Several windows were repaired to work on their weight/balance system again, curtains were added (even since this photo was taken), a hanging bed installed (built by hubby - way to go, TT!), the ceiling was "re-rocked" for a smooth finish (and a small vaulted area), and the whole room patched and painted.  Below you can see the aqua paint on the wood floor that was sanded.  We couldn't get all the glue off of the wood in this room because the boards are pretty uneven, so it worked out perfectly to paint it.  I love it!  ((I think the color is "Swimming Pool" by Behr.))

The hammock chair; we brought it home from Nicaragua when we lived there in 2010.  So nice to have a piece of our past mixing with our future.
These "curtains" are hemmed drop-cloths from Harbor Freight, making them a very economical choice for the extensive amount of window coverage.  I lined them with white king-size bed sheets that I bought for about $2/each at a thrift store.  They are hung on metal pipes that were also purchased at a hardware store (a mere fraction of the cost of a running curtain rod) and spray painted with oil-rubbed bronze paint.

Exterior:
  • Lattice installed under porch
  • Porch & balcony repairs made: rotted post, flooring, and railings
  • Rotted trim replaced
  • Exterior paint in progress
To give you an idea, this is the exterior of the house when we bought it in 2009.  Here it's getting a new roof.  You can see the lattice under the porch is falling apart, the paint is pretty hideous, and you can't see all the rotted trim and porch post, but it's there.
Here's the paint in progress.  Notice again the lattice, or lack thereof.  This is also a good photo to notice the balcony before.
We were so thrilled when my uncle (who is truly an artist) turned this post from a cedar beam so that it would match the other posts on our porch.  Having been built in 1895, we had no hope of finding a match.  He used a giant lathe and went off of a photo!  So thankful!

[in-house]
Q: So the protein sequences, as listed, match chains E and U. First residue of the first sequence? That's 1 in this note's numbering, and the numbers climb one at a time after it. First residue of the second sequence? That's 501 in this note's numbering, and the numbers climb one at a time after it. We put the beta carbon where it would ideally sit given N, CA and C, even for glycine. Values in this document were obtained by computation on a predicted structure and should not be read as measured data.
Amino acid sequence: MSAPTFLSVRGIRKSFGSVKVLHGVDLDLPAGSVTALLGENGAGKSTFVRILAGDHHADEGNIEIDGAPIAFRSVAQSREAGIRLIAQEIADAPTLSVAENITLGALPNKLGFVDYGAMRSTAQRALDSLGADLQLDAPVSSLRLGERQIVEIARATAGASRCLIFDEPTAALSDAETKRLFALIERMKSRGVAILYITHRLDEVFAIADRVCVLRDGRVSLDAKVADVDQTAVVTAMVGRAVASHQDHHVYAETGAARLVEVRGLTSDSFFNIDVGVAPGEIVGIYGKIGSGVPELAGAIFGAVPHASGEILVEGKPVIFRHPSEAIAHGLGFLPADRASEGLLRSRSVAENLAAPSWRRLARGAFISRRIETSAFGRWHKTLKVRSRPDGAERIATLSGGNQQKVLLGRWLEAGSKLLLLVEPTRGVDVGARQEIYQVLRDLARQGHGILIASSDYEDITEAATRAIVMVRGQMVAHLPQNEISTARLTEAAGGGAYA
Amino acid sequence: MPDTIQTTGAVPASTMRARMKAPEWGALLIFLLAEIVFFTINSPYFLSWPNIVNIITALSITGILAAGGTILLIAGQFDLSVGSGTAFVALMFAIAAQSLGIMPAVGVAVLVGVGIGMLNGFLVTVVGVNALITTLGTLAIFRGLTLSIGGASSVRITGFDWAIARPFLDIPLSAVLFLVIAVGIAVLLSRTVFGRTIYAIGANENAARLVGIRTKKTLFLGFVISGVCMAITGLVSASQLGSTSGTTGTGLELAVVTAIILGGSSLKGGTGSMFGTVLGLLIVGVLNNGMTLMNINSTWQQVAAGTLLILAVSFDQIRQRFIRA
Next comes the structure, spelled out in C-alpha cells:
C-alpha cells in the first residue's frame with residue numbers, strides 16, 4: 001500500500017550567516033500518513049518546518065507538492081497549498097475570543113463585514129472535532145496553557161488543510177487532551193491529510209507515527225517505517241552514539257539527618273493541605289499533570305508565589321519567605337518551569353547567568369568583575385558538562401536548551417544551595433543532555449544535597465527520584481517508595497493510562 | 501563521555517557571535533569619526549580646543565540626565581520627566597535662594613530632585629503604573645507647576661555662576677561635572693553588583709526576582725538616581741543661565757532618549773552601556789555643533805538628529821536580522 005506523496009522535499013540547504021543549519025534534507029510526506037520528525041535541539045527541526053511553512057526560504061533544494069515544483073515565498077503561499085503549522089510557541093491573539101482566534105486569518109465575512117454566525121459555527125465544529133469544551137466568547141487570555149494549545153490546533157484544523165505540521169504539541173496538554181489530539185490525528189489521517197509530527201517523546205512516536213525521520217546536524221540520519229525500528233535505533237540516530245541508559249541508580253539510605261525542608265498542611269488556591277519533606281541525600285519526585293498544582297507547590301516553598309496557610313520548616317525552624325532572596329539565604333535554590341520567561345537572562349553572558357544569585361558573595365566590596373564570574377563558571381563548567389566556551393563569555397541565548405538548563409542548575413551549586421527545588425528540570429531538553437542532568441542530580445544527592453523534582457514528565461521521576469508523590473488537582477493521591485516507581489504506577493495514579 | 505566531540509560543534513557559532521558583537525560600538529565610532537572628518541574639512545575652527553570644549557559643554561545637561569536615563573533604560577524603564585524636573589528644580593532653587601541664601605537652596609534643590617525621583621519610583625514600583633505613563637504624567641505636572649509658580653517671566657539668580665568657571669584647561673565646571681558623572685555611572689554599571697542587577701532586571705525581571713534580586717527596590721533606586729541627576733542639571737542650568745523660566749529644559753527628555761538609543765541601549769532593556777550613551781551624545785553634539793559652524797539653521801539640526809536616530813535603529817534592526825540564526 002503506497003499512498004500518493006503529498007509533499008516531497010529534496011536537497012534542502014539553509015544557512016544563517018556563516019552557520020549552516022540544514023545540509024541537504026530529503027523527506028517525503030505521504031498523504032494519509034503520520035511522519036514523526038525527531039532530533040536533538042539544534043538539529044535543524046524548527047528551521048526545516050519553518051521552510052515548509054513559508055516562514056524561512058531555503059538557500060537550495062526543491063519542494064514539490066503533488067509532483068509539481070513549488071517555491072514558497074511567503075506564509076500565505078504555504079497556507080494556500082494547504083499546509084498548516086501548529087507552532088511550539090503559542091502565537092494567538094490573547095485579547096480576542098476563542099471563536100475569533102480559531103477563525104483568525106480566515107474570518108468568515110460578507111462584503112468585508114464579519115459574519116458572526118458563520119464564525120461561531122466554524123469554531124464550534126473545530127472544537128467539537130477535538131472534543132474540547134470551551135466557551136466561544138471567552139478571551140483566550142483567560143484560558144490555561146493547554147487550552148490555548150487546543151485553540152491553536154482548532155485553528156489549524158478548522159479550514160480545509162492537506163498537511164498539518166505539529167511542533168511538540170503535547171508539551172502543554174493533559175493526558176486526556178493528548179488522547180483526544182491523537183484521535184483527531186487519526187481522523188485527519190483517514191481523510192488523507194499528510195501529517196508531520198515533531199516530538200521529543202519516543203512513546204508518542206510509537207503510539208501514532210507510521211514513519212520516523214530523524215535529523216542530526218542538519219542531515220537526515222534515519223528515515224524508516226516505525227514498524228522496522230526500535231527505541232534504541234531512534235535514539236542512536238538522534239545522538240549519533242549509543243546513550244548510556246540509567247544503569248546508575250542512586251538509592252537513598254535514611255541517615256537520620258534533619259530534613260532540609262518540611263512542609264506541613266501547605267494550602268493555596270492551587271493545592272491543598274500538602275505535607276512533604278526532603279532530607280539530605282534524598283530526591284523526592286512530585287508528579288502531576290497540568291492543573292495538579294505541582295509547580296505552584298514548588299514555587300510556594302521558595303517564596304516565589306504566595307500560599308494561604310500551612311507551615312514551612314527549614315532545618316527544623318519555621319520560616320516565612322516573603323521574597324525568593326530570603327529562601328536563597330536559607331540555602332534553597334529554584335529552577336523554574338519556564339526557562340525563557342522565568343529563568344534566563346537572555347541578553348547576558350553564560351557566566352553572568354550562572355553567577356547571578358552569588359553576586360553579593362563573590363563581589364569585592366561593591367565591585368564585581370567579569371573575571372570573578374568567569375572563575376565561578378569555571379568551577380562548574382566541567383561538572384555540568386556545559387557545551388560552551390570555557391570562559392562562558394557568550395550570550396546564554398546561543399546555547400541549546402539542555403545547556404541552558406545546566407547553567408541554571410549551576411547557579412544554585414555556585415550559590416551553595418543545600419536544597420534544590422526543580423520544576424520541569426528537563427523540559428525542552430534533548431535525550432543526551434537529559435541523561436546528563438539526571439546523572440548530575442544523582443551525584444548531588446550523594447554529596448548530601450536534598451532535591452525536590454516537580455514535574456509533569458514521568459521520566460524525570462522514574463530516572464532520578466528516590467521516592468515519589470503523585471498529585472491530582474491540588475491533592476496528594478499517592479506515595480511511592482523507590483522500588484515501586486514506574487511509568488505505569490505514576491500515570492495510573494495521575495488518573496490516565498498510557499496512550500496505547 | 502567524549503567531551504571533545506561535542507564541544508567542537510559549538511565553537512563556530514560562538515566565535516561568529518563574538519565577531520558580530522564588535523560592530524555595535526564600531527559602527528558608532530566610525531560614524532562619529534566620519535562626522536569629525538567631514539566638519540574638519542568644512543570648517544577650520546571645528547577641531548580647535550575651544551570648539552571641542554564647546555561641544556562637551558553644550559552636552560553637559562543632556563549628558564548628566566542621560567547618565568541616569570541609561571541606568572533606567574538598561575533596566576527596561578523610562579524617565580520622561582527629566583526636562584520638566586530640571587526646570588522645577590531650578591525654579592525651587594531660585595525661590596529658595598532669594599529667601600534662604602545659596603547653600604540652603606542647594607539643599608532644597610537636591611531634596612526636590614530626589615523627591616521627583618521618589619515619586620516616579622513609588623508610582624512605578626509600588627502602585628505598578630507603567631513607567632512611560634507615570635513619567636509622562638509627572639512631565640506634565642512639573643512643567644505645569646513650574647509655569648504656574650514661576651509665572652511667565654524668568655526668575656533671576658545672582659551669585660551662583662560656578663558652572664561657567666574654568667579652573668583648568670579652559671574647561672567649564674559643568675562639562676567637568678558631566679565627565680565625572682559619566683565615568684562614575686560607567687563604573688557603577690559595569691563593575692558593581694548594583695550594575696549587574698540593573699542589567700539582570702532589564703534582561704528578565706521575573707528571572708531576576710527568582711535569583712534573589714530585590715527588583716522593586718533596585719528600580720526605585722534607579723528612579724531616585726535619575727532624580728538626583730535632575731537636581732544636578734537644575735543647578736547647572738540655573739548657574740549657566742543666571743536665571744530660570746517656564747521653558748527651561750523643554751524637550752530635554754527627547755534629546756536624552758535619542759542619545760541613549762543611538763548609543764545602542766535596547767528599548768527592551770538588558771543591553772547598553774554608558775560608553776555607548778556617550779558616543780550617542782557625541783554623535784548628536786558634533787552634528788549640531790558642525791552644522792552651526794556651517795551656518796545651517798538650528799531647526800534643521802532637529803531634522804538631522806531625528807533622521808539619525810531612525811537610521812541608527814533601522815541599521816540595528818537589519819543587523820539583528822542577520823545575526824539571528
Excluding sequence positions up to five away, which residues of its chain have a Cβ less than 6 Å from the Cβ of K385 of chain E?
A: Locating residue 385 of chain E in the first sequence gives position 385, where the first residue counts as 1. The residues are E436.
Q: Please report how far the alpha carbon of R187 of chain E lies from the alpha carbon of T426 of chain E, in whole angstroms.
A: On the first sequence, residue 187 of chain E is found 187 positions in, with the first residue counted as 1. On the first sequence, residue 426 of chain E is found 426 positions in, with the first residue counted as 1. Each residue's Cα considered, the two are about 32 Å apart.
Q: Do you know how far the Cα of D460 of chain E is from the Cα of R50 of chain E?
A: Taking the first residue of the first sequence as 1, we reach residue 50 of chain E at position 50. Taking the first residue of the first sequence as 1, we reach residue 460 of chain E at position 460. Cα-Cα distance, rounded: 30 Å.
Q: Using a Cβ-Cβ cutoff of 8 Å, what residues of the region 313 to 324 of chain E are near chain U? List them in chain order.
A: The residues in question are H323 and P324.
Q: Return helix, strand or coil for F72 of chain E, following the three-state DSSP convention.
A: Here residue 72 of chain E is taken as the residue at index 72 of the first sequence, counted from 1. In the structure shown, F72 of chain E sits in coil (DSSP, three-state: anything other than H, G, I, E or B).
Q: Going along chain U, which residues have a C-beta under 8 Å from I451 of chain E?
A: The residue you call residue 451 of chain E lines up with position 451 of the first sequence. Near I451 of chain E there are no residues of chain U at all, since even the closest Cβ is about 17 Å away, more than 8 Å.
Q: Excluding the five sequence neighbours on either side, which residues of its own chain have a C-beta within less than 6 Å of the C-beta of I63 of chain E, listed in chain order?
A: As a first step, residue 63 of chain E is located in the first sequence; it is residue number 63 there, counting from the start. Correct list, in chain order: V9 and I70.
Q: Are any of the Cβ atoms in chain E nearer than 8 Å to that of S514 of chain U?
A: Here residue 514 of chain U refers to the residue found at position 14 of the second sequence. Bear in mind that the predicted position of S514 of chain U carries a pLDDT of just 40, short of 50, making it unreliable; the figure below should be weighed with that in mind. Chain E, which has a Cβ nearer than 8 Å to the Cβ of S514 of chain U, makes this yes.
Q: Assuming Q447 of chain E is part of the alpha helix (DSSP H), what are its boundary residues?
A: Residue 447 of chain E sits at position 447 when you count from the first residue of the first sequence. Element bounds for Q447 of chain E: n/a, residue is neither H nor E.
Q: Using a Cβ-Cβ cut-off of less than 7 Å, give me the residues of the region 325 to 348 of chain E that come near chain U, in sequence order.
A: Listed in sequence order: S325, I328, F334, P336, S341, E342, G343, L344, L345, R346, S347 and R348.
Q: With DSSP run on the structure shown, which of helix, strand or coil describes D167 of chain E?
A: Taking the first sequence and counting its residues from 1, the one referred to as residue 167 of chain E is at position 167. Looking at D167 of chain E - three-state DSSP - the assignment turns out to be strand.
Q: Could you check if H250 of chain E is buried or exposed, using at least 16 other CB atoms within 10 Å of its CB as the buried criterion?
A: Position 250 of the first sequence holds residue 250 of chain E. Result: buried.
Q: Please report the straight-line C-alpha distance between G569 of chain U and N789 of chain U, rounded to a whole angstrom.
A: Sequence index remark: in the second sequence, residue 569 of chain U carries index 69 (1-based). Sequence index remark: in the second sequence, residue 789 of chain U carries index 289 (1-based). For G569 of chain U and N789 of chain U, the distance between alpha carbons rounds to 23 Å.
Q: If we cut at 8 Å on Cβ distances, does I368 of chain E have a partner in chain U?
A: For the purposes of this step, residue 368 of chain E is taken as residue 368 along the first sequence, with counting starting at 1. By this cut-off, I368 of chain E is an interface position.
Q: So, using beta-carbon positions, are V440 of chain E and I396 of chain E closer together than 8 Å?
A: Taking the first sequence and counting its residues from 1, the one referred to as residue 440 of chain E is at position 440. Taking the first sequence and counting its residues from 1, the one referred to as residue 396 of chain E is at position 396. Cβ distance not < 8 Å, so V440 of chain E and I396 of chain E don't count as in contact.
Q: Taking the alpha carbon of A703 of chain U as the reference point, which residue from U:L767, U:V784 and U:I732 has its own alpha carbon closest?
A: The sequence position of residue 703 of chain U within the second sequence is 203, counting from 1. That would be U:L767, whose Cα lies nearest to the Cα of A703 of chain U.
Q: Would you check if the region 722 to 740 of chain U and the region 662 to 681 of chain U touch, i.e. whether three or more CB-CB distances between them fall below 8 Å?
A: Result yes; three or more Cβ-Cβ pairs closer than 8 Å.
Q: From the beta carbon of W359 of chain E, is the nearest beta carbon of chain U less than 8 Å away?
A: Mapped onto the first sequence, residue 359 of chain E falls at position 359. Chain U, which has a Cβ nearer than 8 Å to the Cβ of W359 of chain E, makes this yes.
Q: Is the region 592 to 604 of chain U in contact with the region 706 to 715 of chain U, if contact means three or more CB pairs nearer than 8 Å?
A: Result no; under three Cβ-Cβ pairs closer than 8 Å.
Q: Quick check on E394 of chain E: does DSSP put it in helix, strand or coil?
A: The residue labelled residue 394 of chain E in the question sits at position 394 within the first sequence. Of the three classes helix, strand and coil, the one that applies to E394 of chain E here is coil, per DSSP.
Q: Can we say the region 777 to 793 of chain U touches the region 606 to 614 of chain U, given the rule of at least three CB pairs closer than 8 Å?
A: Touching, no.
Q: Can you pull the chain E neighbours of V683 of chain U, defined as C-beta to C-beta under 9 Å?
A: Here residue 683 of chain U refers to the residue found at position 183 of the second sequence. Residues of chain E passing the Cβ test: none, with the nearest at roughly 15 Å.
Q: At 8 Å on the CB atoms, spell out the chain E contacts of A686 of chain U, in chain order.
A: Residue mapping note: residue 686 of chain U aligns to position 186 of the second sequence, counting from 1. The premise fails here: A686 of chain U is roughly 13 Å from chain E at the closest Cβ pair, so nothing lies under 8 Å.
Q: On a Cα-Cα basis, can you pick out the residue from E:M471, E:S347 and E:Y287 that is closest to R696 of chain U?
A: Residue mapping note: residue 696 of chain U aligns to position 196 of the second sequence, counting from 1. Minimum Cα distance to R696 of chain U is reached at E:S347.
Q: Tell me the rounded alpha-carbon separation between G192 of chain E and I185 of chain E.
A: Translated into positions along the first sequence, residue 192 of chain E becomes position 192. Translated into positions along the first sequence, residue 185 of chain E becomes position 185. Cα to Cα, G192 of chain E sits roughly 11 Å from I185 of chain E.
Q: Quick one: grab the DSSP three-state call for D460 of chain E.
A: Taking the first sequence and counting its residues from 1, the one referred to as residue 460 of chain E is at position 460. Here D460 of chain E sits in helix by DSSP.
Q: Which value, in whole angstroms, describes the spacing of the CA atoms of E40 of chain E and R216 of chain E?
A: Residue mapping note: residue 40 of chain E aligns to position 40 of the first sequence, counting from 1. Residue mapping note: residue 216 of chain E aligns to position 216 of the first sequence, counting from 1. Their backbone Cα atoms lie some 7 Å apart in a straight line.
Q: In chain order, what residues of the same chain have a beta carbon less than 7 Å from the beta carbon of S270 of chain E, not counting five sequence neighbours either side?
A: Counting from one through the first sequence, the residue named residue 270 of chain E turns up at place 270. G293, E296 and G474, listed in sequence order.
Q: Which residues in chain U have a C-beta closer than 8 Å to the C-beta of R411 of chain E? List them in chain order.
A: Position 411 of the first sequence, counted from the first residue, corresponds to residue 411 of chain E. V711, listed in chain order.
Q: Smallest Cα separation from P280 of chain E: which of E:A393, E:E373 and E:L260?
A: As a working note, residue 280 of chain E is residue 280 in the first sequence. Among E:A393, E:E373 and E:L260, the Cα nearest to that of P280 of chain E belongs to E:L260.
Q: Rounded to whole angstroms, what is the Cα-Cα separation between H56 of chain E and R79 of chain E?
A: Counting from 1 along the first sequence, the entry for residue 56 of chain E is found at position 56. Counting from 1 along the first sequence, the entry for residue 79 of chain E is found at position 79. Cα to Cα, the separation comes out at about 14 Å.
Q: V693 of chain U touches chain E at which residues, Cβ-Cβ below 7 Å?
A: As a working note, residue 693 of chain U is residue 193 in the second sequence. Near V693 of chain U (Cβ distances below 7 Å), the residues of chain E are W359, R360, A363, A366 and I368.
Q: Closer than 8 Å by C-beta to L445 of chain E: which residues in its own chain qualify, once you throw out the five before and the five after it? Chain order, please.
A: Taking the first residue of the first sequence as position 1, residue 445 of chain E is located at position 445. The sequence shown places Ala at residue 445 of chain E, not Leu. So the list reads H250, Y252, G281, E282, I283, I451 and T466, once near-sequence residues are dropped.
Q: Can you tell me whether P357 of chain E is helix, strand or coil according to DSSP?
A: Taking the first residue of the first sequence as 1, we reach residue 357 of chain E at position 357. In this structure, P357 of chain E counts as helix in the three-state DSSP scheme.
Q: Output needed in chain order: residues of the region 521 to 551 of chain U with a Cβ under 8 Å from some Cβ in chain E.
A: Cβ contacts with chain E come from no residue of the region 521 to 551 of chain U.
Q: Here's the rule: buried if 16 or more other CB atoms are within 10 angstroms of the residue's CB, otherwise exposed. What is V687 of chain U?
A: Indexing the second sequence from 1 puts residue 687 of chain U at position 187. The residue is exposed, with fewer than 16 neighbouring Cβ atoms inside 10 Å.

Railings, trim, post, and flooring being repaired.

New post installed!
And there's still more to go in regards to the exterior, but here you see the new paint colors (now only lacking some detail work on the porch and windows), the repaired porch lattice, the balcony repaired, and the porch post and railings, etc.


Other:
The eclectic "kids' room" is just about finished.  I can't wait to post about all the details in this room - my favorite room in the whole house!
Craigslisted fireplace mantel (sans mirror in this photo) fit like a glove over the previously-naked fireplace in the bedroom.

Yet another Craigslist find, a parlor grand piano, sold for a fraction because of its wear and tear (we like to call it "character").  It came out of a school in the northeast and sounds beautiful. 
 Tedd is a gifted piano player (I'm super biased) and our home is now full of music each day, echoing through the wooden foyer, up the stairs, and into the hallways & rooms.  
Tedd is building a custom bed for our bedroom.  Would you believe that when this home renovation began, he didn't have much experience with carpentry??

Farmhouse sink (yes, Craigslist).  This is definitely one of my favorite details in the entire house.   My mother-in-law has one and I fell in love with it.  (What, your husband doesn't wear checkered pajama pants with camo?)

And that about sums up the latest improvements.  I know I've left out numerous projects, but if I were to tell of them all, I'd be stuck on the computer for days.  I get such a sense of satisfaction seeing how far we've come.  The work makes our home that much homier!